Skip to main content

Turkey earthquake: International support and offers of aid

International offers to help Turkey and Syria with rescue efforts pour in the aftermath of powerful earthquake that has killed hundreds
A man carries a girl following the earthquake, in the rebel-held town of Jandaris, Syria, on 6 February 2023 (Reuters)

Dozens of governments and international organisations have responded with offers of support to Turkey and Syria after a powerful earthquake of magnitude 7.8 killed hundreds of people.

The earthquake wreaked widespread devastation, leaving thousands injured, and countless others trapped under rubble.

Turkish President Recep Tayyip Erdogan said on Monday that 45 countries have responded and offered help with search-and-rescue efforts.

Below are some of the international reactions, and announcements of support to Turkey and Syria:

World Health Organisation

Stay informed with MEE's newsletters

Sign up to get the latest alerts, insights and analysis, starting with Turkey Unpacked


WHO chief Tedros Adhanom Ghebreyesus said the organisation's network of emergency medical teams has been activated to provide essential healthcare for the injured and most vulnerable affected by the earthquake.

European Union

The European Union said it was sending rescue teams to Turkey after Ankara requested EU assistance, with more than 10 search-and-rescue teams mobilised.

"Urban Search and Rescue teams have been quickly mobilised from Bulgaria, Croatia, Czechia, France, Greece, Hungary, Malta, the Netherlands, Poland, Romania to support the first responders on the ground," the European Commission said in a statement.

EU crisis management commissioner Janez Lenarcic said the EU's 24/7 Emergency Response Coordination Centre had activated its emergency Copernicus satellite mapping service to help first responders working on the ground.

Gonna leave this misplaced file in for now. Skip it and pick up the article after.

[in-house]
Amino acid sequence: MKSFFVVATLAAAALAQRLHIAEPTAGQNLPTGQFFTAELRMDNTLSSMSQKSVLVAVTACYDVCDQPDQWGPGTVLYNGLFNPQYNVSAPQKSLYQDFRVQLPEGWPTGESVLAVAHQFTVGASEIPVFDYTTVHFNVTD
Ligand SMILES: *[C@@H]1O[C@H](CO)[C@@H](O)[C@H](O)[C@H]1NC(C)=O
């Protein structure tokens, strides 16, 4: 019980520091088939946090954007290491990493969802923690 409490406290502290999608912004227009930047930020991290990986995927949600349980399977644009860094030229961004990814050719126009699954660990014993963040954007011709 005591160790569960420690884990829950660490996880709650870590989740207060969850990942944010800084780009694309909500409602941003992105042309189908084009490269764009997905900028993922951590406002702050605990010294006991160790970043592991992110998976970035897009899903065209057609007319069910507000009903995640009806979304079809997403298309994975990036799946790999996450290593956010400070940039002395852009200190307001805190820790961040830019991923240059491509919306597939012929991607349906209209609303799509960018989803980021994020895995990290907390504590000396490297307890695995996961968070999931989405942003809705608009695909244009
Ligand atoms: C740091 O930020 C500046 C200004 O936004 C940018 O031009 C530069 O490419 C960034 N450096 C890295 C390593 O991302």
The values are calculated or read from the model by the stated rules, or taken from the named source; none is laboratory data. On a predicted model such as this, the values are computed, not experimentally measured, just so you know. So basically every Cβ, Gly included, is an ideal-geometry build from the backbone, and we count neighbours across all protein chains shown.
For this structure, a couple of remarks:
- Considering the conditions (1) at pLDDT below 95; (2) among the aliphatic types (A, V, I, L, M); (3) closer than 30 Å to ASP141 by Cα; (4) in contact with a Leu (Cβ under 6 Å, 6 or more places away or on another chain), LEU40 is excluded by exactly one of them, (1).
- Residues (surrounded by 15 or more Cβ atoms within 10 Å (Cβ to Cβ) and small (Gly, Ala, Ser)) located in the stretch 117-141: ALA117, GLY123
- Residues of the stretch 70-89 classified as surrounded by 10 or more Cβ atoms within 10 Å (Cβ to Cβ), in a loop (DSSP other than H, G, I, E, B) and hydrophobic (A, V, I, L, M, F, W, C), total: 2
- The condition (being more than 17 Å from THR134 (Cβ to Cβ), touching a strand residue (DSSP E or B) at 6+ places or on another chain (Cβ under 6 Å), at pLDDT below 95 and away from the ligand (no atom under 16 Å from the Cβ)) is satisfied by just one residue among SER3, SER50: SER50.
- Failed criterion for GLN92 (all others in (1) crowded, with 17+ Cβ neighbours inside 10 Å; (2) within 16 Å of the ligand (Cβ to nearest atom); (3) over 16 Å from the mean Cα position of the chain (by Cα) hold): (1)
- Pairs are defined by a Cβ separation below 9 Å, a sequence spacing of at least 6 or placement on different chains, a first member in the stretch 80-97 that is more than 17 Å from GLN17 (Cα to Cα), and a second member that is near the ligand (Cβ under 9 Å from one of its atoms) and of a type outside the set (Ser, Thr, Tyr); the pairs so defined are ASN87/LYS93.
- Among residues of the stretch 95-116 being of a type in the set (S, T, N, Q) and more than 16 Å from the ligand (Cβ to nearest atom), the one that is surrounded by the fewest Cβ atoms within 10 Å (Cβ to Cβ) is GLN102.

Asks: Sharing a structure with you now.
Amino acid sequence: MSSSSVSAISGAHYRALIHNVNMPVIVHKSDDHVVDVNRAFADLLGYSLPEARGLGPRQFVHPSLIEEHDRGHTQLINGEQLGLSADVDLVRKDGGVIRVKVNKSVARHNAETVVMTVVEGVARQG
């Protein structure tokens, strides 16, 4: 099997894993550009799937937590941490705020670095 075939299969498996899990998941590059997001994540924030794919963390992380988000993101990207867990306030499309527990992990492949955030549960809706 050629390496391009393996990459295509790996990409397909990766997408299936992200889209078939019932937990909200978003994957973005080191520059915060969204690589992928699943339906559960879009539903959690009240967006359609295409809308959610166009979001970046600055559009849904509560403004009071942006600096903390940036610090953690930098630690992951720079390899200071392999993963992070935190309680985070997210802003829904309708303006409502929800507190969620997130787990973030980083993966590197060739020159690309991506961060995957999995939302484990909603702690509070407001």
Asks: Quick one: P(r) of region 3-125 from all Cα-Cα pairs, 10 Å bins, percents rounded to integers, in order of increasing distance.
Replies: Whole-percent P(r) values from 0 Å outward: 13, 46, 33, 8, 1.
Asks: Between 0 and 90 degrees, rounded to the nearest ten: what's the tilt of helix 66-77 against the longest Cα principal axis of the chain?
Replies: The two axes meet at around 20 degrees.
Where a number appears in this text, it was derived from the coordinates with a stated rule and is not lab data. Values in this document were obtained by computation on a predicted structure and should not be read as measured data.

The EU said it was also ready to support those affected in Syria, but said it had not yet received a request from the country to activate the EU's Civil Protection Mechanism, which coordinates assistance from the EU and other European countries.

Italy, Spain and Slovakia have offered their rescue teams to Turkey as well.

Spain said it was sending drones and a contingent from its Emergency Military Unit, a branch of the armed forces responsible for providing disaster relief.

Polish Interior Minister Mariusz Kaminski said Poland is sending a search-and-rescue group of 76 firemen and eight rescue dogs to Turkey.

Greece has instructed specialised teams to be immediately dispatched to assist rescue efforts, including its 25-strong Special Disaster Unit (EMAK).

Meanwhile, the Czech fire service said it was sending a 68-member urban search-and-rescue team.


Nato chief Jens Stoltenberg expressed his full solidarity to Turkey, writing on Twitter that he is in touch with President Recep Tayyip Erdogan and Foreign Minister Mevlut Cavuslogu.

"Nato allies are mobilising support now," Stoltenberg said.


The emergency situations ministry in Azerbaijan said it has deployed a team of 370 rescuers to Turkey on a plane.

Azeri local media reported that Baku will also dispatch a plane with humanitarian aid, including rescue equipment, tents, bedding and medical supplies.


British Foreign Minister James Cleverly said the UK will immediately send 76 emergency response specialists, dogs and equipment to Turkey.

The foreign ministry said it would send four dogs as well as equipment to cut concrete, tools to support buildings and seismic listening devices, following a request from Turkey.